| This guide is a general introduction
to the types of sources in National Records of Scotland (NRS)
which can help you trace the history of castles, houses, schools,
churches, mills, railway stations, and other buildings. You should
also consult our guide to 'Tracing
Scottish Local History' (Edinburgh, HMSO, reprinted 1996).
Register of Sasines
Frequently when a house or other building was erected, ownership
of the land on which it was built was transferred. Details of this
transaction are recorded in the Registers of Sasines running from
the early 17th century onwards (NRS reference RS). Burgh Registers of Sasines
run from the 1690s (NRS reference B). Information about buildings in burghs
can be found in the records of the Dean of Guild courts which had
powers to control building within burghs. A few of these are preserved
in the burgh records held here, many are held in local archives.
The records of the Masters of Works (NRS reference MW) provide information
on royal buildings and palaces prior to 1707. Many of these records
are published in 'Accounts of the Master of Works, 1529-1649' (2 vols,
Edinburgh,). Records of estates forfeited from Jacobite landowners
involved in the 1715 and 1745 rebellions, contain information on schools
and other estate buildings (NRS reference E700-E788). The exchequer records
also include window tax, inhabited house tax and other taxation records
of the 18th century (NRS reference. E326). For Midlothian there are also
schedules for the Small House Duty or Cottage Tax for 1803-12. Valuation
Rolls from 1855 record properties over a low rental value, listing
annually the names of the owner, proprietor, tenant and principal
occupier for each property (NRS reference VR).
The records of the Court of Session (NRS reference CS), the High Court
of Justiciary (NRS reference JC), the Sheriff Courts (NR reference SC) and
the records of the Justices of the Peace (NRS reference JP) and the Crown
Office (NRS reference CR) held in National Records of Scotland (NRS)
contain a wealth of information relating to buildings in Scotland,
but there are no systematic subject indexes to identify relevant references
and the normal findings aids based on personal names must generally
be used. Descriptions of buildings can occur in court cases specifically
relating to property, but probably much more may also be found incidentally
as part of civil or criminal actions.
Court of Session records (NRS reference CS)
The long sequence of surviving court cases from the 16th century
to the present day contains many cases relating to disputed property
rights, and to the performance of and payment for work by architects,
builders and surveyors. Such cases have to be identified by the names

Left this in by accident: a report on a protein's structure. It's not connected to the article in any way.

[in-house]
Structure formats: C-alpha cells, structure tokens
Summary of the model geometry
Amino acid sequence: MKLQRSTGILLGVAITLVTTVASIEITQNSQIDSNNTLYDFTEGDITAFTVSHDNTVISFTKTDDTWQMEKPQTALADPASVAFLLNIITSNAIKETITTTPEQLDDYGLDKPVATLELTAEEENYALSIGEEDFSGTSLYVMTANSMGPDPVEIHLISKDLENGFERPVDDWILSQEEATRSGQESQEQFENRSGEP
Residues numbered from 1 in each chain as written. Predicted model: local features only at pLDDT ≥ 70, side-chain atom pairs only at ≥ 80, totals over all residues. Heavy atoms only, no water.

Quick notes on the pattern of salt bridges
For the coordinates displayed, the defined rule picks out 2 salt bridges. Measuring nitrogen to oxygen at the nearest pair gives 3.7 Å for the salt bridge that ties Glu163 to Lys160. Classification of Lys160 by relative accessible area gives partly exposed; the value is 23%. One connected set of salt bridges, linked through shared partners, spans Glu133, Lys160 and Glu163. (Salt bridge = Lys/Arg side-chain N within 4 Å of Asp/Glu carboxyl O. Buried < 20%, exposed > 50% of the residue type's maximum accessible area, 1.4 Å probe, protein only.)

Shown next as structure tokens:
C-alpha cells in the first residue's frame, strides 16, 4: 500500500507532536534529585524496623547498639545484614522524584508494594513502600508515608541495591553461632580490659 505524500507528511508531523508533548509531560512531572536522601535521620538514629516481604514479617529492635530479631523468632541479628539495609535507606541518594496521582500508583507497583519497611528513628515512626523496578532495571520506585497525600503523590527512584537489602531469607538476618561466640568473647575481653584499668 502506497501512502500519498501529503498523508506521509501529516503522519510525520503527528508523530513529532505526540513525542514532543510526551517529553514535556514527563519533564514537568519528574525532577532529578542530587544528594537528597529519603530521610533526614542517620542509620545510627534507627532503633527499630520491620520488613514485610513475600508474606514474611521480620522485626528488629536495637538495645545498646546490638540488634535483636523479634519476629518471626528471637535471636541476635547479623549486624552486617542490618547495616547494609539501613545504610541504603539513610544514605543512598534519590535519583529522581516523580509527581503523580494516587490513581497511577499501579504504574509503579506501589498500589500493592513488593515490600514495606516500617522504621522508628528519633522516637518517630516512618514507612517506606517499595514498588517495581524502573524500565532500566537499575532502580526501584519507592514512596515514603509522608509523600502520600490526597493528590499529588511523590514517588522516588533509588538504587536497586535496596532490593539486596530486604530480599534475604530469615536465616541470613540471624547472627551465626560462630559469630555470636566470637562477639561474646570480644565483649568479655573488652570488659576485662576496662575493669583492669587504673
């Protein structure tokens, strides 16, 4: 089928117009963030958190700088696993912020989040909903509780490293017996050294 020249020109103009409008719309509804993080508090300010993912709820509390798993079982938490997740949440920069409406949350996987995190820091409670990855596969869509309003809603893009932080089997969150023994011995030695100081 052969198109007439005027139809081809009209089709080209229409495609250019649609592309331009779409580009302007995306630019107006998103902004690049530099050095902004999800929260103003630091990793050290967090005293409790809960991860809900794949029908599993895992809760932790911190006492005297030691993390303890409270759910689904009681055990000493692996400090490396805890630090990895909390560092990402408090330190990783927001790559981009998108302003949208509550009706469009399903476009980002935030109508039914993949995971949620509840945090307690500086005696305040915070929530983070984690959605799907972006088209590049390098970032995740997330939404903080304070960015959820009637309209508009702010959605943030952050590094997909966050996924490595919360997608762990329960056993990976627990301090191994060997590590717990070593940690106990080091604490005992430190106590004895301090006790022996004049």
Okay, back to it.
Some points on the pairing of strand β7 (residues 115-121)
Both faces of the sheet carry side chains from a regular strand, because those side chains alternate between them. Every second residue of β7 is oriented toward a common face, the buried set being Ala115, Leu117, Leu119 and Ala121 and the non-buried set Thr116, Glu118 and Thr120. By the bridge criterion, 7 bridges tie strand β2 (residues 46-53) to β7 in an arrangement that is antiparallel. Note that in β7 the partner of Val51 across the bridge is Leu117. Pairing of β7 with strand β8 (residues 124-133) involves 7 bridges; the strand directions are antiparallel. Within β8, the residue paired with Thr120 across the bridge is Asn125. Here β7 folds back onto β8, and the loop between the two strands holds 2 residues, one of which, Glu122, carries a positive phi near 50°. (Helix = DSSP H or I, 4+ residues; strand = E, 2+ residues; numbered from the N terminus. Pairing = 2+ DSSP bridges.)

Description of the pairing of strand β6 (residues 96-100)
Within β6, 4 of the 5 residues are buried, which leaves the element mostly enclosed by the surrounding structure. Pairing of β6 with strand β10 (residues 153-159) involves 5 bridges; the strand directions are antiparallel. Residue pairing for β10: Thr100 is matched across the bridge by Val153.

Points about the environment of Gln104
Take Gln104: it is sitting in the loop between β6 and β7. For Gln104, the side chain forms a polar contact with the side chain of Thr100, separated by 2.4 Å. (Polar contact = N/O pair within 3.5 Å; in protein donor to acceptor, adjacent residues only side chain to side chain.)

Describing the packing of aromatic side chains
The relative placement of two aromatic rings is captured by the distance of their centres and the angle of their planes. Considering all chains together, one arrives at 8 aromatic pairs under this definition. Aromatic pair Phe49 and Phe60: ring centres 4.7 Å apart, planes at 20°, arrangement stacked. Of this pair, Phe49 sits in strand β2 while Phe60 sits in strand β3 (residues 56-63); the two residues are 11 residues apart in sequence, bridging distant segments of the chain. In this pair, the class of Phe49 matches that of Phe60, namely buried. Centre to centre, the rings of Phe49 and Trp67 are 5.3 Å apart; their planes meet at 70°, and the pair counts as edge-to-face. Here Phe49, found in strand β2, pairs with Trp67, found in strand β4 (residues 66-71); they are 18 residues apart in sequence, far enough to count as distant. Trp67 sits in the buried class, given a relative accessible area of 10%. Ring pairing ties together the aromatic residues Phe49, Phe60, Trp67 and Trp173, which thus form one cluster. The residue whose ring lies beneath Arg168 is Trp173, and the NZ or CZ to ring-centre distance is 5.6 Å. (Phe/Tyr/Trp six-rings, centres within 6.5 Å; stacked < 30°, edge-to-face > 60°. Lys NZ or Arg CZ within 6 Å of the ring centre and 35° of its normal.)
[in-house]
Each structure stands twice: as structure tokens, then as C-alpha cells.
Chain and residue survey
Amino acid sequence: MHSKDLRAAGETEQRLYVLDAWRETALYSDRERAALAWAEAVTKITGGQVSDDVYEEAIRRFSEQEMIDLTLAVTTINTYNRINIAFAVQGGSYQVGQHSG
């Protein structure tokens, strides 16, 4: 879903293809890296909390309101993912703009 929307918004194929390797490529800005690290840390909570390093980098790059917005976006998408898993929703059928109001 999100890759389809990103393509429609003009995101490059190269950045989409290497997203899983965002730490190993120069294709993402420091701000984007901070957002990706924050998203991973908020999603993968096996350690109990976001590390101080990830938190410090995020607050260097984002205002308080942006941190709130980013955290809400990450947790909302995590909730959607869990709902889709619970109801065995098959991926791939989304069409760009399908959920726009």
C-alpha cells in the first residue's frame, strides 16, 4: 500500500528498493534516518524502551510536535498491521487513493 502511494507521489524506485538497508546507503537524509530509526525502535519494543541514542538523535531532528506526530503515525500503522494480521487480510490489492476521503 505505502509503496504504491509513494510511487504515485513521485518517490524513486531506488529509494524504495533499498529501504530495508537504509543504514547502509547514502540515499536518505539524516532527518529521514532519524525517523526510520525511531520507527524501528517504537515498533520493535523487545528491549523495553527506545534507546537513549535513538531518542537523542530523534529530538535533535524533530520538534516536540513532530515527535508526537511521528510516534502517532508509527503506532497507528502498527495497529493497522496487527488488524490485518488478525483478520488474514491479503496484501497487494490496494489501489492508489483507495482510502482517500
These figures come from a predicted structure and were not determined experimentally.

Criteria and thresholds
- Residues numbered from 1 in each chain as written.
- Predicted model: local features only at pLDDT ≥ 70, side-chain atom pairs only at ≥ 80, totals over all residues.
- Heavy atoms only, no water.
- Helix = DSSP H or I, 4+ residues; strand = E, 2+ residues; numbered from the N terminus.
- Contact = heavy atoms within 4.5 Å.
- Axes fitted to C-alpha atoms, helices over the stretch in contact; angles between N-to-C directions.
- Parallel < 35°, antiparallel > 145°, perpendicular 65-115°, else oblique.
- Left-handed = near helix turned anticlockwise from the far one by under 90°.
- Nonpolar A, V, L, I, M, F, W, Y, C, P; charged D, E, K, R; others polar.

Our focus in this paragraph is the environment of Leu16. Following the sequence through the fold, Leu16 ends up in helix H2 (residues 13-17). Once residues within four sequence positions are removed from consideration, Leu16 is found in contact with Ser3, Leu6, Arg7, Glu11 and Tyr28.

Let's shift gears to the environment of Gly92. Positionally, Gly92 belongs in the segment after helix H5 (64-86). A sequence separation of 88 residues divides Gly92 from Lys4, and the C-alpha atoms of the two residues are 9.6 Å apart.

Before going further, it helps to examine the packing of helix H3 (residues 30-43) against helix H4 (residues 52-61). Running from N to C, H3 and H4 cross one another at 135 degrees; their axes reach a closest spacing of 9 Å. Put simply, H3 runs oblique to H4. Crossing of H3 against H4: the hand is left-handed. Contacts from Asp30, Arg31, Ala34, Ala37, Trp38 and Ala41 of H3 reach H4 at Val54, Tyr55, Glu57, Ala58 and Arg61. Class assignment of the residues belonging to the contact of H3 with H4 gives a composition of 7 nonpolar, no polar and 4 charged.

of the parties in a case, some of which can be found in card indexes.
Alternatively, the printed sets of case papers held by the Signet
Library and the Advocates Library can be helpful in determining the
nature of a particular court process. NRS holds a copy of the
index to the Signet Library's set.
Sheriff Court processes (NRS reference SC)
Civil cases survive for many Sheriff Courts from the 17th century
onwards and mostly consist of actions for payment. These may sometimes
relate to repairs or other building work carried out on specific buildings,
or to goods supplied for fitting them out. They are mostly unindexed.
Registers of Deeds
Building contracts for private houses and other buildings were occasionally
recorded in the Register of Deeds, known as the Books of Council and
Session (NRS reference RD), or the registers of deeds in the Sheriff Courts
(NRS reference SC). They can only be located by the names of the parties
to a contract, or by working through the registers. Interesting seventeenth-century
examples are printed in the 'Miscellany of the Scottish History Society'
Volume XI (1990), pp.269-327. As the purpose of registering was to
record an authentic copy of a contract in case of dispute, the court
processes may contain a relevant case.
Crown Office and High Court records
The precognitions taken by the Crown Agent in preparing a criminal
case may include detailed descriptions of the locus of a crime (NRS
reference AD). Relevant plans are generally kept in the RHP series, e.g.
detailed plans of some shops and public houses, 19th cent. Evidence
produced in court can occasionally be found in the papers relating
to High Court of Justiciary cases (NRS reference JC), for example a sketch
of the toll house at Helmsdale, Sutherland, in 1817 (NRS reference JC26/383).
The High Court records also include miscellaneous private and public
papers, such as the papers of James Anderson WS, relating to the policing
of St James's Square, Edinburgh in the late 18th century (NRS reference JC65).
The NAS hold many records of the large landed estates
among its collections of private papers (NRS reference GD). These may contain
information on anything from the owner's castle or country house,
to farms, mills and estate workers' cottages, from schools and churches,
if the owner was a heritor, to bridges and roads. Some landed estates
were entailed (NRS reference RT) and from 1770 owners of entailed estates
could charge the cost of making improvements to the buildings on the
estate against succeeding heirs. Details of their expenditure had
to be recorded with the appropriate sheriff court (NRS reference SC). Some
estate collections have been deposited with local archives, the National
Library of Scotland or are still in private hands. The National Register
of Archives for Scotland holds surveys of collections held outside
NRS and these are available for consultation in our search rooms.
NRS hold the records of the Church of Scotland, the secession
churches and other denominations. Information on churches, manses,
graveyards, schools and schoolhouses can be found in the presbytery
and session records (NRS reference CH2 and 3) or the Heritors records,
the records of the major landowners in the parish (NRS reference HR).
The records of British Rail Scotland (NRS reference BR) are organised
according to the pre-vesting companies amalgamated in 1923. They contain